Trade unionists and campaigners will hold a protest on Friday in solidarity with a young South Yorkshire man who was “horrendously tortured” in Sri Lanka. Despite this trauma, he faces possible deportation by the UK government.
Janahan Sivanathan was allegedly tortured in 2009 as a school student during Sri Lanka’s grueling civil war (1983-2009). His supporters say he was then held prisoner for a ten-day period by Sri Lankan authorities.
Sivanathan, who lives in Stainforth, Doncaster, was detained in a UK immigration detention center following his last meeting with Home Office staff. Although the Tamil man’s case is due to be heard on July 15, social justice group Tamil Solidarity says he may be detained again.
Speaking to RT on Thursday, a spokeswoman for Tamil Solidarity said Sri Lanka’s previous government presided over a land grab in the troubled state. The conflict was also blighted by multiple incidences of rape, she said.
Sivanathan’s mental health has been adversely impacted by the torture and abuse he endured at the close of Sri Lanka’s bloody war. Tamil Solidarity says the British government have yet to hear many vital details of the young man’s case. It insists his life will be endangered if he is deported to Sri Lanka.
In a bid to raise awareness of Sivanathan’s plight, asylum rights activists will gather outside Home Office depot Vulcan House in Sheffield on Friday.
A genocide was perpetrated against Sri Lanka’s Tamil people in 2009, with an estimated 100,000 left dead or missing. Human rights campaigners say the state’s security forces are “notorious” for torturing the besieged ethnic group.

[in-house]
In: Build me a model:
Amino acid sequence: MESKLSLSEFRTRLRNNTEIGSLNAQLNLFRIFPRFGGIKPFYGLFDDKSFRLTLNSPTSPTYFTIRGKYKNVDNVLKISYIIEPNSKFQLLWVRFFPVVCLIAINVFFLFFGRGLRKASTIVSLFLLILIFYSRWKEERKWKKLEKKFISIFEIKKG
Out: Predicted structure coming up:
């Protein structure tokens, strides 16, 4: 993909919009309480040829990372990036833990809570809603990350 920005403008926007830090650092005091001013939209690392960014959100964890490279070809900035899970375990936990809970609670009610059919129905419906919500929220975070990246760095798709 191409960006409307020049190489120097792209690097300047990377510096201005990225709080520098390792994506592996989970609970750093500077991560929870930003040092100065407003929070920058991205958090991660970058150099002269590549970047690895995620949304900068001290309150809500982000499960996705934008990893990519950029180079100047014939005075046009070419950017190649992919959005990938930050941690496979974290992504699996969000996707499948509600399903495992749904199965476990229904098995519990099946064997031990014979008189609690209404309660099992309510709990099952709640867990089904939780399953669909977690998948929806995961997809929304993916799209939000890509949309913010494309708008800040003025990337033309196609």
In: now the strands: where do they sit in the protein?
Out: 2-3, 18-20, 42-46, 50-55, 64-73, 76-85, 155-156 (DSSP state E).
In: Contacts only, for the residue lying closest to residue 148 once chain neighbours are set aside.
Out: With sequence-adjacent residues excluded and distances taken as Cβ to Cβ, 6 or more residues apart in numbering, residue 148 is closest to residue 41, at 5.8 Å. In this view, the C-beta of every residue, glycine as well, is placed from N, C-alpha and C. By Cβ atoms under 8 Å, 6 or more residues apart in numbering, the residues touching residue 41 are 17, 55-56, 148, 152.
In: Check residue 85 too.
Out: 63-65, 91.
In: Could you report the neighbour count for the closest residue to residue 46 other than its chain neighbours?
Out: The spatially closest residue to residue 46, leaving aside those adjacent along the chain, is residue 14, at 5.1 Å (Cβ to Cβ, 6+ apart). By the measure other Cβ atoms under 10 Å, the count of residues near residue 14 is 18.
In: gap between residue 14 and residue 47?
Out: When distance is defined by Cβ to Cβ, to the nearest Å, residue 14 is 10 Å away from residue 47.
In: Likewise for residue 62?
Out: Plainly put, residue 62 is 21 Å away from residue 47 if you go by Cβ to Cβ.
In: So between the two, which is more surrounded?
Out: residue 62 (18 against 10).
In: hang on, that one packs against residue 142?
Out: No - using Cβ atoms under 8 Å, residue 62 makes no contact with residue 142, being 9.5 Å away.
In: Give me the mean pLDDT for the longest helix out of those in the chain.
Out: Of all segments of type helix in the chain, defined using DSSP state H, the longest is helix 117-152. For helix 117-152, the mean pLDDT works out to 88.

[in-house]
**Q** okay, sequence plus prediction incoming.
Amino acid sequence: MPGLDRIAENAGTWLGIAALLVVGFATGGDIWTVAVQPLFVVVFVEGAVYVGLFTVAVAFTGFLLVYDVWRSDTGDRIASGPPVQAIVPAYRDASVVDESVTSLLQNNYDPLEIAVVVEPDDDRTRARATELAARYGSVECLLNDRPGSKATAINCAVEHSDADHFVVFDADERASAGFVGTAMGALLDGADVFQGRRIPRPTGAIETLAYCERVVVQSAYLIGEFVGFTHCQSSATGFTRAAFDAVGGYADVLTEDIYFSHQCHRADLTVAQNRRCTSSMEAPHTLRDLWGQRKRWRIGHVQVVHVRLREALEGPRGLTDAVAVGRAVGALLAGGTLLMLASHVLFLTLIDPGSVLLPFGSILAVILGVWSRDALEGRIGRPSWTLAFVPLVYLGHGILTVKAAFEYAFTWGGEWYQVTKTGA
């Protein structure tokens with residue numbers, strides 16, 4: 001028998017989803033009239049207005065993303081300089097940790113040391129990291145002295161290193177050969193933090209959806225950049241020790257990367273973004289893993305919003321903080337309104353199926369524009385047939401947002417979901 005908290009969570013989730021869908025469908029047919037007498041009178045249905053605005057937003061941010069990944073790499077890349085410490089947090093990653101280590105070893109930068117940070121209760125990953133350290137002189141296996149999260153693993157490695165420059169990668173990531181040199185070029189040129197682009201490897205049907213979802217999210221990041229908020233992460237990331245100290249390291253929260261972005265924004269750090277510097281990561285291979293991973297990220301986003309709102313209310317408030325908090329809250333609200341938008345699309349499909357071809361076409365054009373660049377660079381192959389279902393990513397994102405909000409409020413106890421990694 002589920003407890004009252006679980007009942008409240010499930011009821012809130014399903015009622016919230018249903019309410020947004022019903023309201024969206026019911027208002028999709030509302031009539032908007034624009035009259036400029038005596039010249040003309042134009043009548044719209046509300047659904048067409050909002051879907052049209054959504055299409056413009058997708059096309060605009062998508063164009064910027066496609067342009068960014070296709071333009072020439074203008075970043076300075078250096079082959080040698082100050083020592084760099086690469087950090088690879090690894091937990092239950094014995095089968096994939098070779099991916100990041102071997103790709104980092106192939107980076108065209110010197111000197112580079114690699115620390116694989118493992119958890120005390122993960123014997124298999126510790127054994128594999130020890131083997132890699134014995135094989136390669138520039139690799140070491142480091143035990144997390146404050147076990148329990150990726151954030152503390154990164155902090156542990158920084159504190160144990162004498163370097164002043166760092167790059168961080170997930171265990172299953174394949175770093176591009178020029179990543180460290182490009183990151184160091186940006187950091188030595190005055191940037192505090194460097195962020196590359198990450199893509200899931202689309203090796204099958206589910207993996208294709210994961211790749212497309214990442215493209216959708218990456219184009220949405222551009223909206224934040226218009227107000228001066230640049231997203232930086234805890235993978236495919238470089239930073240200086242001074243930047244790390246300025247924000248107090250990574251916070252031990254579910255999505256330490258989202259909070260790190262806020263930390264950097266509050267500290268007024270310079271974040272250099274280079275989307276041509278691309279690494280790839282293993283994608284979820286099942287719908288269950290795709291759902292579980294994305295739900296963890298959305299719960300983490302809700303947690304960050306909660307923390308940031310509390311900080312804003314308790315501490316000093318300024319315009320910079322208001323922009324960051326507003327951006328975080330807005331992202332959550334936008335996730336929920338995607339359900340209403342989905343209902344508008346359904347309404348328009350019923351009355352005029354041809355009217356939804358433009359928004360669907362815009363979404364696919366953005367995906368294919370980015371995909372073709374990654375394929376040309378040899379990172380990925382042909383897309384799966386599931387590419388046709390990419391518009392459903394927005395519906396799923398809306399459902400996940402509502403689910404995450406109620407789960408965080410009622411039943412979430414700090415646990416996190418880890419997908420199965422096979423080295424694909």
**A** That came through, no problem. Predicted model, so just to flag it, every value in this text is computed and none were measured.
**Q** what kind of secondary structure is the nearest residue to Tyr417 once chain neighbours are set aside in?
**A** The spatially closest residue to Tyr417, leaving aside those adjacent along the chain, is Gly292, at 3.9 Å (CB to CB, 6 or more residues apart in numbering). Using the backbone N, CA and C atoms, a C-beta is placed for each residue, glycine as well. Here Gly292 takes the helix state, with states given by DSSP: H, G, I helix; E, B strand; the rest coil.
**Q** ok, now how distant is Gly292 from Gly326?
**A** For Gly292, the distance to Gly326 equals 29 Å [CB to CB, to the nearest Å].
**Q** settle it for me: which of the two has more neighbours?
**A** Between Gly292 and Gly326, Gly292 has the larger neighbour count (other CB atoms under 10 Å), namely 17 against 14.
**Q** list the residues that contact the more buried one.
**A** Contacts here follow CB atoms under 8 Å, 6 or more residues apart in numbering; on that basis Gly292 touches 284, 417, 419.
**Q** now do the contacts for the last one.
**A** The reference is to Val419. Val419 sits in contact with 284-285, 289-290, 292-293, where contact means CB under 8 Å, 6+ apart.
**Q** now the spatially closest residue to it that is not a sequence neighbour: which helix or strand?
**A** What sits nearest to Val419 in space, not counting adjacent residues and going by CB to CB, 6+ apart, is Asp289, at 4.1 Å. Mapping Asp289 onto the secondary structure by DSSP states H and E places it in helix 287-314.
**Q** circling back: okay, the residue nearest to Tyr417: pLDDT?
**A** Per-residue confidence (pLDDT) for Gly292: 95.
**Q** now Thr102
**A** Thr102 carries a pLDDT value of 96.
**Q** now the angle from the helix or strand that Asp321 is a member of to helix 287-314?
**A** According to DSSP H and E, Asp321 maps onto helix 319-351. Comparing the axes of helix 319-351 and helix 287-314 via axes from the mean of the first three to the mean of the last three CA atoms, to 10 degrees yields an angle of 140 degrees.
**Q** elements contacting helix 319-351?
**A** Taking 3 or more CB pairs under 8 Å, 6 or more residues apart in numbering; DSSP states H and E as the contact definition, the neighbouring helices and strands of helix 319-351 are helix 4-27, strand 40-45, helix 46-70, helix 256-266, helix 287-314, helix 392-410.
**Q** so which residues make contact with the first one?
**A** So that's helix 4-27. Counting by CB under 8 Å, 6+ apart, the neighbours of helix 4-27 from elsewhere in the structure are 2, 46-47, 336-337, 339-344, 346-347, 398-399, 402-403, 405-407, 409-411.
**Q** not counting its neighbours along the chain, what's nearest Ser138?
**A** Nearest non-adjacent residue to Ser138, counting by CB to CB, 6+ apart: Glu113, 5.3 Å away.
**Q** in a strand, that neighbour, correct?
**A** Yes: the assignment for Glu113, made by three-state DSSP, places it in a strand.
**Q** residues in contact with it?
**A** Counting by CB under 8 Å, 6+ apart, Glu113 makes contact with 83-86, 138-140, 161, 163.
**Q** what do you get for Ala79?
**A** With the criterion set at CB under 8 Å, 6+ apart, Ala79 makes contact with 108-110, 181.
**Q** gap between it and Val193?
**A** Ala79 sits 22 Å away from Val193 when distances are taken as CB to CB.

A recent Foreign Office report on Sri Lanka said allegations “of police involvement in torture and custodial deaths” prevail in the troubled state. It also found “extrajudicial killings” continued throughout the course of 2014.
Sivanathan is at acute risk as a result of his campaign work with the Tamil Solidarity group, his supporters warn. In an effort to raise awareness of the crisis Tamils face, the 22-year-old took part in London protests against Prime Minister David Cameron’s planned visit to Sri Lanka in 2013.
Cameron’s trip was scheduled ahead of the Commonwealth Heads of Government Meeting that year.
Sivanathan also protested against Sri Lankan President Maithripala Sirisena’s visit to London in 2015.
Speaking on Wednesday, Tamil Solidarity stressed Sri Lanka is a dangerous environment for exiles.
“Amnesty International and other research shows that Sri Lanka is not a safe place to send back those who have fled that country to save their lives,” the group said.
“Following on from his campaign, Janahan’s photo and story have featured in all the major Tamil media and Sri Lankan national news.This makes it even more dangerous for Janahan to be deported to Sri Lanka. We fear that on return to Sri Lanka he will be certain of being arrested, imprisoned or even worse.”
Protest organizer Alistair Tice warned Sivanathan’s life will be endangered if the government deport him to Sri Lanka.
“Sri Lankan intelligence services hold a black-list of politically active Tamil expatriates. Although a new president was elected in January 2015, the list remains in use by immigration officers at Colombo Airport,” she said.
“That’s why we are demanding that Janahan be allowed to stay, his life really would be in danger if he was forced to return.”
RT asked the British Home Office how it can justify deporting Sivanathan to Sri Lanka. A spokesperson is yet to respond.
THanks ; http://rt.com/uk